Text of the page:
Mention the heyday of Pennsylvania Avenue to any Baltimore native born 1950 or earlier and you are sure to revive tales of limos, lined up one after the other on “The Avenue”. Restaurants dished out Soul Food and Seafood with equal parts gusto. Nightclubs jumped with all the electricity of the latest dances. Big names in Black entertainment, business, education and politics showed up to see and be seen on The Avenue.
A large concentration of historic Black churches settled in the area prior to and after the Civil War. In 1925, Frederick Douglass High School was one of the best Black high schools in the nation. Morgan State College trained many Black professionals living in Baltimore. In the 1920s-1930s, racial assertiveness grew leaps and bounds in the city. African-Americans battled discrimination in education and led a successful “Don’t Buy Where You Can’t Work” campaign to force stores, including many on Pennsylvania Avenue, to hire African-American workers. As a result communities around the Avenue produced black doctors, dentists, real estate agents, physicians, attorneys, pharmacists barbershops, hair salons, who also formed a number of self-help associations and business leagues.
Although most Pennsylvania Avenue stores were owned by European Americans, they had a difference you felt in your gut. African-Americans could try on clothes — something not allowed elsewhere. On the Avenue, you could buy practically anything and holiday parades gave the area a sense of panache. The Avenue was a Jazz Mecca with Billie Holiday, Chick Webb, Cab Calloway, Eubie Blake and more. On The Avenue, you were Somebody!
Change brewed in the mid-1950s, as African-Americans slowly won opportunities to expand their livelihood throughout the city. Pennsylvania Avenue held on by its reputation for entertainment, the churches, and with promotional coupons to patronize small businesses on The Avenue. Then the 1960s arrived. TV became commonplace and downtown theaters completely desegregated, reducing the need to visit a black movie theater. The black middleclass gave more patronage to downtown department stores and banks. Those gradual changes slowly weakened The Avenue, but rapid change came in April 1968.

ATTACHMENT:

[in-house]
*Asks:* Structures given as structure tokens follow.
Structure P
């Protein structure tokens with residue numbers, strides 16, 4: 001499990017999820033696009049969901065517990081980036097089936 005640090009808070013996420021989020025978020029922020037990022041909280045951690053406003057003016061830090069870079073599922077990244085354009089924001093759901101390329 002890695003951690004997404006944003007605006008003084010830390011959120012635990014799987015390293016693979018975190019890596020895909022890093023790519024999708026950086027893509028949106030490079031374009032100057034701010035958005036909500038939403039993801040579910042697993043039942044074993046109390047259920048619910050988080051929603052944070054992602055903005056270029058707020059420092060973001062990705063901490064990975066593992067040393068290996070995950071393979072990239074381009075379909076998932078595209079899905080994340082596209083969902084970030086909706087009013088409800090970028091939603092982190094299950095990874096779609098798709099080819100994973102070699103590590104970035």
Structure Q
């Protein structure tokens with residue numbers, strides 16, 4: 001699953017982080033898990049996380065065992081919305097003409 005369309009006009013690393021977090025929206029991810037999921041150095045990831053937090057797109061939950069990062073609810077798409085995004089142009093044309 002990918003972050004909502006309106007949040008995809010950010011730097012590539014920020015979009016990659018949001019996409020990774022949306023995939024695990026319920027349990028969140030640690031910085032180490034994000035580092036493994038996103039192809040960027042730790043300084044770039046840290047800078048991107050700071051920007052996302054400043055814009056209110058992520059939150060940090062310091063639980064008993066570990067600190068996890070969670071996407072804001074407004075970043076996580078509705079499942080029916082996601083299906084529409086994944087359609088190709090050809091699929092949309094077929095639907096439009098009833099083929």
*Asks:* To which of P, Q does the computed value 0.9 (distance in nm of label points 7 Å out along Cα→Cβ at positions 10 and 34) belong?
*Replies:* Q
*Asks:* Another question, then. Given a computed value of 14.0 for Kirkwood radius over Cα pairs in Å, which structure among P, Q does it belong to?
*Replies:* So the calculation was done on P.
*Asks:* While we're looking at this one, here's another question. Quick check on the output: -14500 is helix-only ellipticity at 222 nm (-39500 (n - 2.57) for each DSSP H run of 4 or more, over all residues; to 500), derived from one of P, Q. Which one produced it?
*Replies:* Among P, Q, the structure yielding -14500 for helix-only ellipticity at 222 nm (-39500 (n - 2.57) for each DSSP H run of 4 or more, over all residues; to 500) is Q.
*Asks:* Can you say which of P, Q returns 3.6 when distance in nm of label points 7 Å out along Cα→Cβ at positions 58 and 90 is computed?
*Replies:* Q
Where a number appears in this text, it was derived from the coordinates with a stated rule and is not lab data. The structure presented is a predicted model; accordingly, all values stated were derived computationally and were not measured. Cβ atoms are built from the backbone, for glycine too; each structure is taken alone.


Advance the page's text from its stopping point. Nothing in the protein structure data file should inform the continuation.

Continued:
The riots after Martin Luther King’s assassination in April 1968 were devastating. Merchants of all colors were looted. When those merchants collected insurance checks and moved their businesses from the inner city, the Black middleclass followed. A second rapid change was caused by an urban redevelopment that disrupted businesses along Pennsylvania Avenue – a new subway line. Caught in the crosscurrents, the Avenue reached such a tattered state in 1971 that the Royal Theater was needlessly torn down by city officials without major protest by the community.
Fortunately, Jazz has returned to The Avenue Market and community revitalization efforts are underway, including the placement of more historic site markers. The Arch Club is still open at the corner of Pennsylvania and North Avenue. But one desperately missing piece is a cultural magnet to attract crowds again. Based on Baltimore’s track record with the rags-to-riches redevelopment of other districts, anything is possible when the city puts its heart and mind to it. An African-American Research Library, Cab Calloway and Chick Webb monuments at the Royal Theater site would do nicely. Maybe someone will convince Baltimore’s Great Blacks in Wax Museum to move here as well.
Take a Sunday stroll through Baltimore’s premier historic African American community. Hear the stories of church and civil rights leaders that changed the nation. Along with New York City’s Harlem, Chicago’s Bronzeville and Washington’s U Street, Baltimore’s Pennsylvania Avenue was the place to be. Something was always happening on the “Avenue.” Guided walking tours provided May – October.